In the 1990s, British photographer Ajamu X organised and hosted private sex parties in his South London home under the moniker of the Black Perverts Network. Created in direct response to the exclusionary door policies of predominantly white gay clubs at the time (“It was basically no fats, no femmes,” he told Frieze earlier this year), the gatherings provided a safe space for Black and Asian men of all shapes and sizes to come together without fear or inhibition.
Some 30 years on, and the expectations of the queer clubbing scene remain narrowly defined by a history of uneven power dynamics. Hakeem Kazeem is a filmmaker, writer and the founder of club and performance night The Batty Mama, launched in London in 2016. The Batty Mama emerged from a series of conversations between artists Kazeem, Ama Josephine Budge, and Lasana Shabazz, who found that “many queer nights marketed to a black and brown audience were often dominated by a white audience.”
The common ground between Kazeem and Ajamu is immediately apparent, and has led the two to collaborate on short film projects together, as well as a series of portraits. Ajamu’s 2015 photograph of Kazeem (currently on display at London’s Cubitt gallery in Archival Sensoria, a solo exhibition of Ajamu’s work curated by Languid Hands) is quietly reflective, at once staged and yet serene. Kazeem appears before the lens with eyes closed, hands clasped loosely together as if in the midst of an intuitive ritual. There is an introspective calm to the portrait, and a sensation of simultaneous motion and stillness.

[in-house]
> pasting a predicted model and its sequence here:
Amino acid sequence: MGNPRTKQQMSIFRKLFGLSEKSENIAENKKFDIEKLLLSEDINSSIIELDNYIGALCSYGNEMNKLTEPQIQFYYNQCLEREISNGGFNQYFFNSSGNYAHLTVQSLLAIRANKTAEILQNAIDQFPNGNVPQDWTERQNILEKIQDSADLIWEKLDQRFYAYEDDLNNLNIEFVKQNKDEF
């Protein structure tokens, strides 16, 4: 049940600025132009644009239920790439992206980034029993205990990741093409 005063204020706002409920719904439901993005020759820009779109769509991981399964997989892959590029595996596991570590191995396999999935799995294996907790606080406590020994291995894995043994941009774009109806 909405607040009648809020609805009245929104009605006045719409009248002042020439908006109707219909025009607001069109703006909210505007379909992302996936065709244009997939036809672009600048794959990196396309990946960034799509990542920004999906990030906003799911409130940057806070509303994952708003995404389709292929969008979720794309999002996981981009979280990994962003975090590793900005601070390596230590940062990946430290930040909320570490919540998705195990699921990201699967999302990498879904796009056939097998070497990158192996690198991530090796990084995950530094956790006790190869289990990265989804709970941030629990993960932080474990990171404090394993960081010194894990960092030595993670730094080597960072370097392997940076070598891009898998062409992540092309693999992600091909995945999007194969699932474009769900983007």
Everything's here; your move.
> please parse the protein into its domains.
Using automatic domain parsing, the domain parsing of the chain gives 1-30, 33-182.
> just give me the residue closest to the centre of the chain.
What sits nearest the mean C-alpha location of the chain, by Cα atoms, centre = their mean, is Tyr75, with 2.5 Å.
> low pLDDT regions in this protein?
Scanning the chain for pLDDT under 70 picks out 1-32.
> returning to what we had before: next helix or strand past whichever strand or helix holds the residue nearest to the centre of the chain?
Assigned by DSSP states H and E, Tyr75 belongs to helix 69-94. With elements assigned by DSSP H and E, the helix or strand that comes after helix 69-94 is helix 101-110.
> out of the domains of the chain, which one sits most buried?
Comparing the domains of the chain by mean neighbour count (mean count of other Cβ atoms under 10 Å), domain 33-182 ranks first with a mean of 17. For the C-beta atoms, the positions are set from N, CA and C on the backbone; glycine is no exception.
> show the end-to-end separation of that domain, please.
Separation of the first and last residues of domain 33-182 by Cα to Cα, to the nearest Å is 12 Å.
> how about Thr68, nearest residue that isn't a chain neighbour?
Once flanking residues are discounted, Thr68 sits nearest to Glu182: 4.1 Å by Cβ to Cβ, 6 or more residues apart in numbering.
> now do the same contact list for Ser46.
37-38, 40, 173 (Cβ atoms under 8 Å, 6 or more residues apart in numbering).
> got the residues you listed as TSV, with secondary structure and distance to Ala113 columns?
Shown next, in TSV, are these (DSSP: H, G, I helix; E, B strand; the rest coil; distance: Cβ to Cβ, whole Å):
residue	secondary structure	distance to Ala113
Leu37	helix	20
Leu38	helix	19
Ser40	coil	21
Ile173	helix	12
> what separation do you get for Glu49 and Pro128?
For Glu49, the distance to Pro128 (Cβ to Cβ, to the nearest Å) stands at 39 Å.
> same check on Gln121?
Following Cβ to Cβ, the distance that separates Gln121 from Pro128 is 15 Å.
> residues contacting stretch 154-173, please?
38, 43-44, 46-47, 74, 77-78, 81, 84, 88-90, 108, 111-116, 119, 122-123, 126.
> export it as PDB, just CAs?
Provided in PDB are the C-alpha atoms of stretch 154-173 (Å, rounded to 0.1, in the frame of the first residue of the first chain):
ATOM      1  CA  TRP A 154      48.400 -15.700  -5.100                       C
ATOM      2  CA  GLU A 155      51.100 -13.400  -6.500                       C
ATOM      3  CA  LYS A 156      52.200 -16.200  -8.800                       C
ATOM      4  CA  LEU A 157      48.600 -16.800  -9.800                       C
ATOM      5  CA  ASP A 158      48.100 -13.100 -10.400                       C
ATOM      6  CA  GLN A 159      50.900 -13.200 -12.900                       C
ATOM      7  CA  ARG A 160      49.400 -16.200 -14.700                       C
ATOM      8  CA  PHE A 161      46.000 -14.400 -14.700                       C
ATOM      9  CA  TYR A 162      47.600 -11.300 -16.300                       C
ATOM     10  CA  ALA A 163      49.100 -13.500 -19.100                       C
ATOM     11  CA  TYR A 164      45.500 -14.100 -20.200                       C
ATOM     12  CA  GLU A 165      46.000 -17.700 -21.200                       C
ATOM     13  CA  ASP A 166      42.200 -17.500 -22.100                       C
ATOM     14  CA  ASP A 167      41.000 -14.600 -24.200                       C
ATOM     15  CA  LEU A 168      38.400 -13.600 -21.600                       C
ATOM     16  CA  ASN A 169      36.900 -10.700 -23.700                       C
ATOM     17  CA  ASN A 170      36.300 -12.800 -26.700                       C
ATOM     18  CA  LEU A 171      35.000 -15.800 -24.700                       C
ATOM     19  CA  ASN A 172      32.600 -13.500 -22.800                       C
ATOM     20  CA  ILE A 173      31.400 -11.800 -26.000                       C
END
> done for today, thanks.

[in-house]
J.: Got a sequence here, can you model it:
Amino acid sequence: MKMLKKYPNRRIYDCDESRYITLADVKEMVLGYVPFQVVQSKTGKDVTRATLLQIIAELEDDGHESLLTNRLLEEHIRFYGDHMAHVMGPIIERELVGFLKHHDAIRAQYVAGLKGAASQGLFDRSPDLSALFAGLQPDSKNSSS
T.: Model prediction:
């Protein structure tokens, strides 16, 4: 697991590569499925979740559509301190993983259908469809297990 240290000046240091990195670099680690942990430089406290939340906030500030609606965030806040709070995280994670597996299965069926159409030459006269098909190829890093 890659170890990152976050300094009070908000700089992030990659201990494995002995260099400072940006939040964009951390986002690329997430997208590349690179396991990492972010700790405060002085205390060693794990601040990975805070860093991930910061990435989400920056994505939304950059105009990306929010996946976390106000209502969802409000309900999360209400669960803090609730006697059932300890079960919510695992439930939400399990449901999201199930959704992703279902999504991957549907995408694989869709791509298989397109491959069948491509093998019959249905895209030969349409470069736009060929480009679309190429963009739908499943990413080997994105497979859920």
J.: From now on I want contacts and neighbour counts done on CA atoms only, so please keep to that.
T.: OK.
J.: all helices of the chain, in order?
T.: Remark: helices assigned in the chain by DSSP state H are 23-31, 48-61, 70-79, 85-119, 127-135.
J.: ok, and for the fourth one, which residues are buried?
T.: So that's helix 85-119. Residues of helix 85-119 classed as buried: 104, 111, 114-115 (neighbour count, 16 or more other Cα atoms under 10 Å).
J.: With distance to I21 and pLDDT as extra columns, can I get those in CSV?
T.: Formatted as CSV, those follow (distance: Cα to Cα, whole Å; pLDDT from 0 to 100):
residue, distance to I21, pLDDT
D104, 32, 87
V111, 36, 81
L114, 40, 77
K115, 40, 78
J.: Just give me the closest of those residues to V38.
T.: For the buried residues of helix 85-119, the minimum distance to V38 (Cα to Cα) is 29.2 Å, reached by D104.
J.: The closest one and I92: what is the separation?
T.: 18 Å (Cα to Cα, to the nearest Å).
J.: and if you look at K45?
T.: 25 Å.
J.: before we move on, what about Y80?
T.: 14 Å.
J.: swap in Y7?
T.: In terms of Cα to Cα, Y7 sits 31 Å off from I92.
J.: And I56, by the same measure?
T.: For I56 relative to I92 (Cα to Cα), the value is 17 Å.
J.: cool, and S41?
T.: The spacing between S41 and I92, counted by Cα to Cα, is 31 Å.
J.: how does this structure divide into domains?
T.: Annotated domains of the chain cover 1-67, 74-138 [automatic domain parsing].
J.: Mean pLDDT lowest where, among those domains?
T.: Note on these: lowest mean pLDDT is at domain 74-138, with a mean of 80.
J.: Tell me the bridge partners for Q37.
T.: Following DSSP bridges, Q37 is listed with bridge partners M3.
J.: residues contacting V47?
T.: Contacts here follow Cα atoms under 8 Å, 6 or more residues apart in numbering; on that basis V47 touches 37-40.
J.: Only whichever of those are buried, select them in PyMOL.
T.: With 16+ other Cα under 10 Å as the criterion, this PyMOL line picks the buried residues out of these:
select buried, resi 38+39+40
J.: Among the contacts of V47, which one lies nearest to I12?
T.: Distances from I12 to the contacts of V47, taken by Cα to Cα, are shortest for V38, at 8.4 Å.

“Like Ajamu’s early parties, as much a form of activism as they were a celebration of pleasure, Kazeem melds the personal and the political”
Bare-chested and unadorned, Kazeem’s skin comes to the fore. Shadow and light cast the crevices and creases of this intimate terrain in sharp relief, in contrast to the smooth blankness of the sheet behind. “Through our bodies,” as Ajamu has previously stated, “we bring our archives with us.”
At The Batty Mama club nights, “the focus is to support and promote Queer People of Colour’s creative work and art,” Kazeem told i-D magazine in 2016. “It’s important that we strive to create an immersive experience, and to have Black and Brown bodies occupy queer and black spaces.” Like Ajamu’s early parties, which were as much a form of activism as they were a celebration of pleasure and kink, Kazeem melds the personal and the political.
Standing before Ajamu’s lens, eyes closed and deep in thought, together they enact the purest desire of all. Even just for the duration of the camera shutter, Kazeem takes up space.